A soft answer turns away wrath,
but a harsh word stirs up anger. (Proverbs 15:1, ESV)
It has happened to all of us. Someone stands in front of you, wags their finger, raises their voice, and hurls words like so many stones, all of it meant to hurt, wound, and win. In the face of such intense emotional energy, rare is the person who is able to calmly respond. Shields go up, and we make ready our defense. We carefully choose our own stones to hurl back. It's our right to react in kind, is it not?
The wisdom-writer has counter-intuitive advice. Don't smooth out the stone of that harsh-word to place upon the sling of your tongue, with the hope of embedding it in the forehead of your wrath-ful attacker. All you'll do is stoke the fires of anger.
Stop the cycle of dizzying arrays of mutually assured destruction.
Create a soft-word, place gently on the tongue, and lob it upon your burning friend, with the likely result you will cool the flames of wrath. And even if you don't turn down the heat, you've won. You've played no part in moving someone further down the path of sin, and saved your own self from actions you will later, surely, regret.
Ray Ortlund writes:
The word “soft” means tender, delicate, gentle, even weak. We don’t like being weak, especially when we find ourselves in the crosshairs of anger. We would rather justify ourselves. It is hard to be wronged. It is doubly hard to be wronged and not fight back but respond softly.
Of course, if the angry person is a heretic, bent on wrecking your church, he or she must be confronted strongly. But if that person is not a danger but only immature, then a tender, delicate, soft, weak answer might help that person see things in a new way. Maybe not. Maybe nothing will help. When God himself answered Jonah’s anger softly, Jonah wasn’t satisfied (Jonah 4:1–11). But with the wisdom of Proverbs 15:1, the tension in the air might not escalate. The awkward moment might even be turned into something positive.
But dishing out anger in response to anger will surely go badly. Here is what we can always expect: “. . .a harsh word stirs up [more] anger.” A harsh – literally, “painful” – response can include words with sharp edges, a tone of sarcasm, implied threats of retaliation. There are many ways for the encounter to escalate quickly.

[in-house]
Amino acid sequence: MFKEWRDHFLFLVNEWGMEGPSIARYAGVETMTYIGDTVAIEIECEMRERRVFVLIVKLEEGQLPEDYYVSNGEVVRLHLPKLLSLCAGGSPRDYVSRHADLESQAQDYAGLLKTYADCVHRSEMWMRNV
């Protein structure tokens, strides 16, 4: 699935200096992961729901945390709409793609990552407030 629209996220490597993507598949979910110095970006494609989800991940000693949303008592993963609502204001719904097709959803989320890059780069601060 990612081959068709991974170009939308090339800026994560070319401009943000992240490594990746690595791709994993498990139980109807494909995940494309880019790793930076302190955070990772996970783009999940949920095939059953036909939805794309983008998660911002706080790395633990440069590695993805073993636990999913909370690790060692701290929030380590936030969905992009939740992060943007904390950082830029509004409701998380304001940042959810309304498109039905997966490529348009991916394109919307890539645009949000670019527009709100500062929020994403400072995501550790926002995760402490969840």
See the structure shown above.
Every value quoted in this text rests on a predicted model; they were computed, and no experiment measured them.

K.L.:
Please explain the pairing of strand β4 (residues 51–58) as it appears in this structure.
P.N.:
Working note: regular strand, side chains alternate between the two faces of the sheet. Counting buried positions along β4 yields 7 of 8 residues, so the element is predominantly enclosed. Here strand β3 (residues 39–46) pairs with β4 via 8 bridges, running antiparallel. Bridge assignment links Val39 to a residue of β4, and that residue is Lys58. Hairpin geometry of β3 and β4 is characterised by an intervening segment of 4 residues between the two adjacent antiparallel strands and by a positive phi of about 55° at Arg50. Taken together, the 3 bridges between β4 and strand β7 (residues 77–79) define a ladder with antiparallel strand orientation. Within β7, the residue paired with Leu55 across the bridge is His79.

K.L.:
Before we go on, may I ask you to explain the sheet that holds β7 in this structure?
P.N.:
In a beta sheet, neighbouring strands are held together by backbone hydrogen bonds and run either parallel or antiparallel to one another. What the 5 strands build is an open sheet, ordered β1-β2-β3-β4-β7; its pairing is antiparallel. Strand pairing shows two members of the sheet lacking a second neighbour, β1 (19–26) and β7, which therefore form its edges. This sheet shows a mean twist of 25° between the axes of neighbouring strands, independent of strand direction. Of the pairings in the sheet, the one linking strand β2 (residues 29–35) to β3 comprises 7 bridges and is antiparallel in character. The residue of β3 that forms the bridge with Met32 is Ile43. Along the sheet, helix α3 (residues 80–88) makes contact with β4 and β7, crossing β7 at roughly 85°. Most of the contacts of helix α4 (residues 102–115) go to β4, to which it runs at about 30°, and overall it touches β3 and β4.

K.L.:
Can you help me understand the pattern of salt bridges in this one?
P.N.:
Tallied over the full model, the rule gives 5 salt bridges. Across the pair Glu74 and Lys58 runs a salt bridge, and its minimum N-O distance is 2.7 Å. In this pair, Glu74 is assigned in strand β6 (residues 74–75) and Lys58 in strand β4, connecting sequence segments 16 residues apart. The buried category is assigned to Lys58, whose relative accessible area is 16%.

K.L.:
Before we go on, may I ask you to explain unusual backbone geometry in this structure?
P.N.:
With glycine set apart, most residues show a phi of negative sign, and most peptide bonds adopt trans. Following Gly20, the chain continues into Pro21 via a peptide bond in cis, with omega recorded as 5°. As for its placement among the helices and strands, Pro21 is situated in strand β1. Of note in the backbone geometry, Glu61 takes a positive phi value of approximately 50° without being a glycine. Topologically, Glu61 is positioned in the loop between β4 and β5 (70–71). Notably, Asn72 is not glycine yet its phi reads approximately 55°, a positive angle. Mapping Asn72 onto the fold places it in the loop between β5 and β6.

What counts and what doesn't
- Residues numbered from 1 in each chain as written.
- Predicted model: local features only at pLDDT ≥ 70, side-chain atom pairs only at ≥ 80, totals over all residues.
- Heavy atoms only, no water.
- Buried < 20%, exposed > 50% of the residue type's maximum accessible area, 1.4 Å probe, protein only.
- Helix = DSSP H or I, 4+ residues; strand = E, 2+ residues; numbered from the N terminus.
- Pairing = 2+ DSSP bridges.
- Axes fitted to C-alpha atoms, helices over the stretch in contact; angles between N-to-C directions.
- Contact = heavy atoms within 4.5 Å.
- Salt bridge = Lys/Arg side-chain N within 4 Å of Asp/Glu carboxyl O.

Part of why this is so hard is that the harsh-word is wired into our flesh. The Fall has assured this. We want to get even. Someone wrongs me with the wrath-word; fine, I'll dish out the harsh-word.
But the person remade in the image of Christ is a new creation. All things have been made new. While the flesh wants its due, the Spirit cares not for even-stevens in such conflicts. Jesus, wisdom himself, shows us the way:
"[Jesus] did not retaliate when he was insulted, nor threaten revenge when he suffered. He left his case in the hands of God, who always judges fairly" (1 Peter 2:23).
Nancy Guthrie comments:
The most innocent man who ever lived suffered the most outrageous injustice ever experienced, and yet he refused to seek revenge. Instead, he turned it over to God because he knew God would do what is right.
Jesus is our example to follow.
Yes, may it be! With God's help, may we follow our great King in the path of the soft-word.
Friends, this is why Scripture memory is so important. It is why our church family has a Fighter Verse program (Proverbs 15:1 is this week's fighter verse) - we want to fight the fight of faith. To do so, we need the sword of the Spirit, which is the Word of God, quick on the tongue for every season. Having the Bible in our hearts means it is there so that the Spirit may bring it to mind at the exact moment it is needed.
And when it is there, who knows? You may save both yourself, and your hearer.